My Blog

Posts for: April, 2015

By Aaron M. Bliley, DMD, LLC
April 24, 2015
Category: Oral Health
Tags: cracked tooth  
FindingandTreatingaCrackedToothEarlyisKeytoitsSurvival

While most tooth loss stems from dental disease or injury, another major cause is a condition known as cracked tooth syndrome. What begins as a microscopic crack in an individual tooth’s enamel could ultimately grow to a fracture that endangers its survival.

Most often related to age-related brittleness, expansion and contraction of the enamel surface because of hot foods followed by cold foods and beverages, or grinding habits, cracked tooth syndrome usually occurs in three phases. The first phase is the emergence of miniscule cracks in the outer enamel known as craze lines. These can be very difficult to detect even with x-rays, and usually calls for specialized detection methods such as probing with a sharp instrument (an explorer) or fiber-optic lighting with dye staining to highlight enamel abnormalities. If you have pain symptoms, we may ask you to bite down on a bite stick or rubber pad to locate the area by replicating the sensation.

In the next phase, the craze line grows into a crack that penetrates below the enamel into the tooth’s dentin. Pain becomes more prominent and the risk of infection increases. Left untreated, the crack may enter the third phase, a full break (fracture) occurring deep within the inner layers of the tooth. The deeper the fracture occurs, the more serious the danger to the tooth, especially if the pulp is exposed.

The best treatment approach is to attempt to detect and treat a crack as early as possible. Craze lines and moderate cracks can usually be repaired with restorative materials like composite resins. A deeper crack extending into the pulp may require a root canal treatment and the tooth covered with a permanent, protective crown.

If, however, the fracture is too deep, the tooth may be beyond repair and will need to be extracted and replaced with a dental implant or permanent bridge. In any event, the sooner a cracked tooth is discovered and treated, the greater your chance of avoiding pain, discomfort, and, ultimately, tooth loss.

If you would like more information on cracked tooth syndrome, please contact us or schedule an appointment for a consultation. You can also learn more about this topic by reading the Dear Doctor magazine article “Cracked Tooth Syndrome.”


By Aaron M. Bliley, DMD, LLC
April 09, 2015
Category: Dental Procedures
BracesHaveComeaLongWaySaysVannaWhite

Everyone knows Vanna White as the elegant co-host of the popular game show Wheel of Fortune. But here's one thing you may not know: White is listed in the Guinness Book of World Records as television's most frequent clapper, with an average of 720 claps per show — that's over 28,000 per season! And here's something else: the star with the megawatt smile wore braces as a kid, and she's not too shy to talk about it.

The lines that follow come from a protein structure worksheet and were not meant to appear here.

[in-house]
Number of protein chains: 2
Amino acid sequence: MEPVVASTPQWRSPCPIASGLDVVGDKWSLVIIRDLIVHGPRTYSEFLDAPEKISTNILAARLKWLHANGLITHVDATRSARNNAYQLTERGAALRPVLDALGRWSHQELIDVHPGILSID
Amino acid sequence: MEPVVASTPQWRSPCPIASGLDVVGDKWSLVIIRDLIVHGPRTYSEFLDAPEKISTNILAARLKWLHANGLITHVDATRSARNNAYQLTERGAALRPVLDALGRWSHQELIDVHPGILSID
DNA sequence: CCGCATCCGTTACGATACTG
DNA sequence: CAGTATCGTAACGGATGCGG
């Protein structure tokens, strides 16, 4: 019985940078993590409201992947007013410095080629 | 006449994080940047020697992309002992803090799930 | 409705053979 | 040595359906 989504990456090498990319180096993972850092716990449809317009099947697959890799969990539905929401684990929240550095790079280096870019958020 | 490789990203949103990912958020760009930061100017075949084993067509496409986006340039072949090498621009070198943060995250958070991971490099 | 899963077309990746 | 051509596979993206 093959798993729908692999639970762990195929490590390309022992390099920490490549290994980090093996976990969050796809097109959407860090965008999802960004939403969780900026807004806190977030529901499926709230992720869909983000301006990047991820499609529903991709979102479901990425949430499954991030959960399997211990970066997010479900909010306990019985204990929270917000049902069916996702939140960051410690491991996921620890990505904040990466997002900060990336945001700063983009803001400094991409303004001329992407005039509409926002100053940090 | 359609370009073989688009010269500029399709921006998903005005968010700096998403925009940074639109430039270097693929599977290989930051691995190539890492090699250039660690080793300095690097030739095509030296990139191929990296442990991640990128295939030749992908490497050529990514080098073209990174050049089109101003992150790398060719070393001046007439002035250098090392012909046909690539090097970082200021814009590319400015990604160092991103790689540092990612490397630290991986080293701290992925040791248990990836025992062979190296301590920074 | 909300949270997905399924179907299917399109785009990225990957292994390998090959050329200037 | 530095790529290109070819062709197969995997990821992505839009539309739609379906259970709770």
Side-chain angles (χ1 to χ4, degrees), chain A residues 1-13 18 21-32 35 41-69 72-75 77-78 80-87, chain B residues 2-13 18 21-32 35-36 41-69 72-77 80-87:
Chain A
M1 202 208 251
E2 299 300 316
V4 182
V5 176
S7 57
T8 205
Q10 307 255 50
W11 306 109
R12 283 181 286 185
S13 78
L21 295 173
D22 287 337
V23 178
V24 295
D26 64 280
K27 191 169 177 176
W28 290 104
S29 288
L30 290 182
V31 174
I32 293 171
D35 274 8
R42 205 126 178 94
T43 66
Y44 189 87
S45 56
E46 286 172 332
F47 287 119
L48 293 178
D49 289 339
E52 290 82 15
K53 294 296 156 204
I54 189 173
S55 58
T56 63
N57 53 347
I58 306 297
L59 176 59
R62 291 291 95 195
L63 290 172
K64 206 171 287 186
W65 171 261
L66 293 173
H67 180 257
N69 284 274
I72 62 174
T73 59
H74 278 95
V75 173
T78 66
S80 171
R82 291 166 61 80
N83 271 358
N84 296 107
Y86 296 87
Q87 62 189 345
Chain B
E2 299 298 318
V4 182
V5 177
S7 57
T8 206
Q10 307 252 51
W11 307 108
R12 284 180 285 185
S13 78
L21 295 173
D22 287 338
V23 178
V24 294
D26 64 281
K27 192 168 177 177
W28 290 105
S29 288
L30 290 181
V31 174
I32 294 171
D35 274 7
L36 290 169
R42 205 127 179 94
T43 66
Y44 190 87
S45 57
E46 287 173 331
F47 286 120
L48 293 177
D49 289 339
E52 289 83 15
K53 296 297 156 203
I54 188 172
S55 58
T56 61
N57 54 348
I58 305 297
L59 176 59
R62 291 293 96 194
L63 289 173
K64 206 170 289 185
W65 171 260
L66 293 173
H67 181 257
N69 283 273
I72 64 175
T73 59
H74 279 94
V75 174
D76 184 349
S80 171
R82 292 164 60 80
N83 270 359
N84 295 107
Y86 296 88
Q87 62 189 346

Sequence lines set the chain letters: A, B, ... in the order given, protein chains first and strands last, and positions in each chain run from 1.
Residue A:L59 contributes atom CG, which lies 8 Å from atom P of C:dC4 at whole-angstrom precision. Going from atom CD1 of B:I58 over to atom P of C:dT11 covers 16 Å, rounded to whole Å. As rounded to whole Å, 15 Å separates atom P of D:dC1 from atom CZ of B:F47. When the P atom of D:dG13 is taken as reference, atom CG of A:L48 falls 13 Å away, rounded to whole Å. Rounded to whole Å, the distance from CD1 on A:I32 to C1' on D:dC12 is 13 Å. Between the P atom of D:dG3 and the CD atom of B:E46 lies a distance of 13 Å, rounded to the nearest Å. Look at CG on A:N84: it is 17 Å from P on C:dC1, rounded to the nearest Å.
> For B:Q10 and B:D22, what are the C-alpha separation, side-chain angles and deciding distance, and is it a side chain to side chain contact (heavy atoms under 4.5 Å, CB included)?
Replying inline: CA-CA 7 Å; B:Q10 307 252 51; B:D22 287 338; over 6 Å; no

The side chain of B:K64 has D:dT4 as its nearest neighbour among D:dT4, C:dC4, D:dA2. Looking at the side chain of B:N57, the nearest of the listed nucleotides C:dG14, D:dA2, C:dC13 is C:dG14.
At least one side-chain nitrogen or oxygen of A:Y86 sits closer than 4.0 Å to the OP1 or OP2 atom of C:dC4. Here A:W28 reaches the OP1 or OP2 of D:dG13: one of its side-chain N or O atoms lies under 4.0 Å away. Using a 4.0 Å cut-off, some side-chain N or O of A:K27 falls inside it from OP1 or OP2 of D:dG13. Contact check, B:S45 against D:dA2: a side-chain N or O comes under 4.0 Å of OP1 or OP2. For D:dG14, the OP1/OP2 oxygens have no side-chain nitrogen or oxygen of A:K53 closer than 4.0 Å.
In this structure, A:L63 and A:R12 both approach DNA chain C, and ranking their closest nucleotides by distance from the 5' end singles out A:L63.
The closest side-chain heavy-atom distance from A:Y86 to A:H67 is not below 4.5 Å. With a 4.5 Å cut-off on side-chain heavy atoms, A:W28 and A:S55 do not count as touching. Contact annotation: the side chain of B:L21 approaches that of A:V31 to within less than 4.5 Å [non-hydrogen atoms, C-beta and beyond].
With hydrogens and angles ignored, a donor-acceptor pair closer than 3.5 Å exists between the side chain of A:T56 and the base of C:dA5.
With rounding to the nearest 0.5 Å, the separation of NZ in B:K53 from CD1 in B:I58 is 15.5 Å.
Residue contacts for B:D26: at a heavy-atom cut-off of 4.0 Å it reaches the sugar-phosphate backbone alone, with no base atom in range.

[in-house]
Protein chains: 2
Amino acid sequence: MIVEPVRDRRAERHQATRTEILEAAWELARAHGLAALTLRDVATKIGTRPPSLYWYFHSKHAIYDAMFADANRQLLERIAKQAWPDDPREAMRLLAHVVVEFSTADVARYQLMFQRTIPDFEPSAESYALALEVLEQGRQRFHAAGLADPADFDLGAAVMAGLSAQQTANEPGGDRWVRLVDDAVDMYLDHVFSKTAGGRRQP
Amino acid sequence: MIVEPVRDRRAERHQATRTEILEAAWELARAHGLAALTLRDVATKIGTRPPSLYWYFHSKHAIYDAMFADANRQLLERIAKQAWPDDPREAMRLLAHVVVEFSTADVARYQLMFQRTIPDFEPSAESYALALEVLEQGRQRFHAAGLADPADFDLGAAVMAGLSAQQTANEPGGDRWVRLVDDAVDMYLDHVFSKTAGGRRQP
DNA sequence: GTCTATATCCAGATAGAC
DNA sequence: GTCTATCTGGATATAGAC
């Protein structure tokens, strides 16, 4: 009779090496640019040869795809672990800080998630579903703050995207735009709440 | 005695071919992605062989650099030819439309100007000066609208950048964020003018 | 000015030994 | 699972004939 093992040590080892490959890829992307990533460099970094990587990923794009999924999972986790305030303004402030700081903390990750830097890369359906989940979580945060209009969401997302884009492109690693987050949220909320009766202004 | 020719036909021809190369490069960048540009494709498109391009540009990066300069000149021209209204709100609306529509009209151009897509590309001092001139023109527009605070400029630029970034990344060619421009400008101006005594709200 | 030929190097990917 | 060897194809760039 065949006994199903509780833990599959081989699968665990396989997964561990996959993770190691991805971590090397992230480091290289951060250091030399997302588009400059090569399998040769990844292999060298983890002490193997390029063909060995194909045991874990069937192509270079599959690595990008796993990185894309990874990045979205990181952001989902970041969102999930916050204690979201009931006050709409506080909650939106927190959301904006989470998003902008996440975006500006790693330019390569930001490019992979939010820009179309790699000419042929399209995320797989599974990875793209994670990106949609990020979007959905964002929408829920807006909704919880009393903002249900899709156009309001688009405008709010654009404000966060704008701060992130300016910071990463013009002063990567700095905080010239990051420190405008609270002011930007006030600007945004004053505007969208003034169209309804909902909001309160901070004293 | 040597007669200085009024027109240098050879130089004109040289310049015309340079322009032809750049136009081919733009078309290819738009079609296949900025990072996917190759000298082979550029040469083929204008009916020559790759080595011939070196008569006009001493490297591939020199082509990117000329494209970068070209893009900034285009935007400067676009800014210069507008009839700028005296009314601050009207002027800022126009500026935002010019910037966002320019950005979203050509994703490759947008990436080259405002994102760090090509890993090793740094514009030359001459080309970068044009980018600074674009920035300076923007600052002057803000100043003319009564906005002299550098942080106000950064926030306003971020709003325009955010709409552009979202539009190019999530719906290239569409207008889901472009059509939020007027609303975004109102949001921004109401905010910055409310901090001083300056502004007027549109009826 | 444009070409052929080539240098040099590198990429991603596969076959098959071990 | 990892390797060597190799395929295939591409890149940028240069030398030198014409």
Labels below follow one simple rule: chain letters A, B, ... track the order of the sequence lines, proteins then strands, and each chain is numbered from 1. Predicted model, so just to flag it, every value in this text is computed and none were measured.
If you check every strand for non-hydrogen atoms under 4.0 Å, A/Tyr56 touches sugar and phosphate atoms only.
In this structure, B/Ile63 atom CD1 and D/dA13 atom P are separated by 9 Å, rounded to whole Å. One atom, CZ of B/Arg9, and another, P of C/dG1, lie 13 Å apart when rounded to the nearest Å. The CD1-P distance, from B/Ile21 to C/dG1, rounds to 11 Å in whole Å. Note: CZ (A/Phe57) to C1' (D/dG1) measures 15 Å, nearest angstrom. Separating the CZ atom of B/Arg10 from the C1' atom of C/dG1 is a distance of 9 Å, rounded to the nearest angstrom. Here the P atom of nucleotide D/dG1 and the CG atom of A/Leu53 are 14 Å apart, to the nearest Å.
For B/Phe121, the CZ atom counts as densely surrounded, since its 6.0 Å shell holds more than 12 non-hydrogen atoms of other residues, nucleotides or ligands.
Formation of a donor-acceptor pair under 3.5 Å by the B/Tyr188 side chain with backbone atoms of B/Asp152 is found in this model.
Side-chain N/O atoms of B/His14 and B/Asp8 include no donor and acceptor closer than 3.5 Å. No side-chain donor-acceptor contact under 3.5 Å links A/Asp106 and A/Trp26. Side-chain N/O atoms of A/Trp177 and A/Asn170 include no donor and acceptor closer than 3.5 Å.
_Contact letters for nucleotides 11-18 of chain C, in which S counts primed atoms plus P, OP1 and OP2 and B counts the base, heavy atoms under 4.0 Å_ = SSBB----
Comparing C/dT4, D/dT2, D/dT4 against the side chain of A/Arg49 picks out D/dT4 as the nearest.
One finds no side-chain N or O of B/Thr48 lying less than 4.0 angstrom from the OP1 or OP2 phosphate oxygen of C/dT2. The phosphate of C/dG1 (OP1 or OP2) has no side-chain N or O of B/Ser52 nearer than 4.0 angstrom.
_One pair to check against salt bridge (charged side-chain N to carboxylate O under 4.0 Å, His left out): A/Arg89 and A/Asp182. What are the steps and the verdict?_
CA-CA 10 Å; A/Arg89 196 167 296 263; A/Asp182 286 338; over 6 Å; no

“I only had to wear them for a year and it was a good experience for me,” she told an interviewer for Dear Doctor magazine. But when it was time for her son to get them, White noticed something different. “We used to have those silver bands that went all the way around each tooth, and they don't have that anymore. It is fascinating to see how far they have come.”

We're glad she noticed! In fact, orthodontic appliances have advanced a good deal in the past decade or so. Instead of using metal bands, brackets holding the wire part of braces are now typically attached directly to the teeth with a dental adhesive. For an even less obtrusive look, ask about using colorless brackets instead of metal ones — that way, the only part that's clearly visible is the thin wire itself. And in some situations, braces can be placed on the lingual (tongue) side of the teeth, making them all but invisible.

Another type of nearly invisible appliance is the clear orthodontic aligner. The aligner system consists of a series of precision-made transparent “trays” that fit over the teeth. Each tray is worn for a few weeks, and each moves your teeth by a small amount; together, they can help correct mild to moderate orthodontic problems. And the best part — they're really hard to notice! That makes them perfect for both adults concerned about a “professional” look, and image-conscious teens.

So if you're a TV star — or if you'd just like to have a brighter and better smile — it's never too late to get started! If you would like more information about orthodontics, please contact us for a consultation. You can learn more in the Dear Doctor magazine articles “The Magic of Orthodontics” and “Clear Orthodontic Aligners.”